Libraries serve as an ideal place on campus to support visualization for a number of reasons. Data visualization is a truly interdisciplinary activity seeing a growing importance in a wide variety of fields. Even the techniques involved draw on diverse fields from statistics to computer science to design. As such an interdisciplinary field and on that benefits so many diverse fields, visualization has a natural home in the library. Rather than individual disciplines developing support, knowledge and tools for visualization these advances can be shared across campus by making the library a central point of visualization activities.
Furthermore, providing support for data visualization in the library can amplify other data related activities. As libraries increasingly move to collecting, managing and preserving complex datasets offering services that can assist in making sense of that data will make it all the more valuable. Moreover, visualization services provide additional opportunities to inform researchers of support for research and data within libraries.
Data Viz at University of Michigan Libraries
At the University of Michigan we are in the process of developing our services to support visualization. Historically our support for data visualization has developed in two different parts of the library. Both our 3D Lab (part of our Digital Media Commons group) and our Spatial and Numeric Data Services (SAND – Part of the Clark Library for Maps, Government Information and Data Services) have supported and continue to support various types of data visualization, mapping and working with complex types of data. In SAND, where I am located, we focus primarily on helping researchers, students and faculty through consultations where we teach people techniques and how to use appropriate software rather than producing finished products. While we all have our favorite pieces of software we attempt to balance our patron’s familiarity and the most effective software for their goals. We also offer open workshops and course instruction on various data visualization and mapping topics.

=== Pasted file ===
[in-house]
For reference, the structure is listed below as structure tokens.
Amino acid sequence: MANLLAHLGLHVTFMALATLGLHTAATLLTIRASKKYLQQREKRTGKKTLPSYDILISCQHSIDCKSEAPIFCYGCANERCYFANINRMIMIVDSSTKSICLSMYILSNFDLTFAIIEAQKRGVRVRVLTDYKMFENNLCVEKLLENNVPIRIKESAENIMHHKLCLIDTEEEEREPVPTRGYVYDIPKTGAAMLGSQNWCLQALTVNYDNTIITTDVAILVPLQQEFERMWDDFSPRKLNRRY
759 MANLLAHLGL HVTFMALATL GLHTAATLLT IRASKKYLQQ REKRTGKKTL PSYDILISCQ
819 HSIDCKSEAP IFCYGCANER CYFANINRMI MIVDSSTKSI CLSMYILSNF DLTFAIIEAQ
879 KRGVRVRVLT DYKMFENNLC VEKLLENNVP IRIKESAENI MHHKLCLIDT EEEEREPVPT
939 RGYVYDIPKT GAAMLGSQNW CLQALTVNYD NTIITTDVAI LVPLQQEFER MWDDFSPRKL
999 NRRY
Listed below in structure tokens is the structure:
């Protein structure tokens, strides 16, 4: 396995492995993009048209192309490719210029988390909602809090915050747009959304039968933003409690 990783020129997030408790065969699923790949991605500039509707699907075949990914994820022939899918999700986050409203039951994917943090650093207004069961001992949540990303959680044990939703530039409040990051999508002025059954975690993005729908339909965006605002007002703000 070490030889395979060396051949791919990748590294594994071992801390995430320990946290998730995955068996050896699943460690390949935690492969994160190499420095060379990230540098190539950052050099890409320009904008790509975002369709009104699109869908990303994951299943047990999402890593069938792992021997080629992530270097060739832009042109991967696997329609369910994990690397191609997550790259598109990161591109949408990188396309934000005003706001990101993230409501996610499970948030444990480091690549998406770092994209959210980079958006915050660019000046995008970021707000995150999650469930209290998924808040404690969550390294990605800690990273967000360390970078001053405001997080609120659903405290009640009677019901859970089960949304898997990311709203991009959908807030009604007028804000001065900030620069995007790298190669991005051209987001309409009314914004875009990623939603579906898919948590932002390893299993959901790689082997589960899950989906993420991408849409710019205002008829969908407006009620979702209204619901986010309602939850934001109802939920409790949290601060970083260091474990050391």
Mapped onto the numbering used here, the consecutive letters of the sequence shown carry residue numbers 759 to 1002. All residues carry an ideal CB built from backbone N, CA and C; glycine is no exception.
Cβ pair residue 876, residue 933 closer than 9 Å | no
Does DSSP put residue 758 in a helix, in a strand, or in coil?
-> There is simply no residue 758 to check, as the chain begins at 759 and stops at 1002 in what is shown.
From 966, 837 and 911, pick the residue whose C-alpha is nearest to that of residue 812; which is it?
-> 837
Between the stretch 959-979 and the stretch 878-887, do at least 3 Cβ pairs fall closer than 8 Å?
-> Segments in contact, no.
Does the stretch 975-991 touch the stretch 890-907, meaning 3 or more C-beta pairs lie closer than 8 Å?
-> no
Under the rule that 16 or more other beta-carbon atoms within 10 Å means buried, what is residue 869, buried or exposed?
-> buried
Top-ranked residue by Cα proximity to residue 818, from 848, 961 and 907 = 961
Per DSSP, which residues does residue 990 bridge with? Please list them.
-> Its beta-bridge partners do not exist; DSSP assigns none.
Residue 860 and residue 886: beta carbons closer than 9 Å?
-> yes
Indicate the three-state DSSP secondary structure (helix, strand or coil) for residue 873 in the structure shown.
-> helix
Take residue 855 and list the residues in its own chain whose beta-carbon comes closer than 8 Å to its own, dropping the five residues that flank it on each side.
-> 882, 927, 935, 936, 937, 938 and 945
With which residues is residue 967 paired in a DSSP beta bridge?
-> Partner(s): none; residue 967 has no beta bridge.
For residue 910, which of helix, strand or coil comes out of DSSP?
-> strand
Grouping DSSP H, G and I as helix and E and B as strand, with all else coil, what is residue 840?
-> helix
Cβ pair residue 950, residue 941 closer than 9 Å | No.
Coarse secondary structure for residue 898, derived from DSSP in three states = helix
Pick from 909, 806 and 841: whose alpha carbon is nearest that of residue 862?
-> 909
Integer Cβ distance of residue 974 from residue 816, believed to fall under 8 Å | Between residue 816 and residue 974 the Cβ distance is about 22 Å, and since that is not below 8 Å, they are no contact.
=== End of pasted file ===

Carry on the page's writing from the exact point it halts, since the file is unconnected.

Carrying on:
While we would ideally like to be able to support the entire spectrum of data visualization activities, one of the most challenging aspects of supporting visualization is providing a scalable service or at least supporting a variety of scales to best benefit one’s campus. Providing consultations around producing graphs and charts for presentations and publications seems easily within the scope and scale of traditional library consultations, but providing production services and assisting with large scale projects such as the creation of interactive web environments or visualizing terabytes of data often requires more time and effort that we usually have to devote to individual projects. Still, libraries, in providing a space for whatever assistance is possible and helping researchers and students understand the resources required for a given project, can offer an invaluable service to our campus communities.
Supported projects at the University of Michigan:
19th Century Acts - http://19thcenturyacts.com/
Many thanks for all the collaboration on the DVIG list,
Amber Leahey (University of Toronto) & Justin Joque (University of Michigan)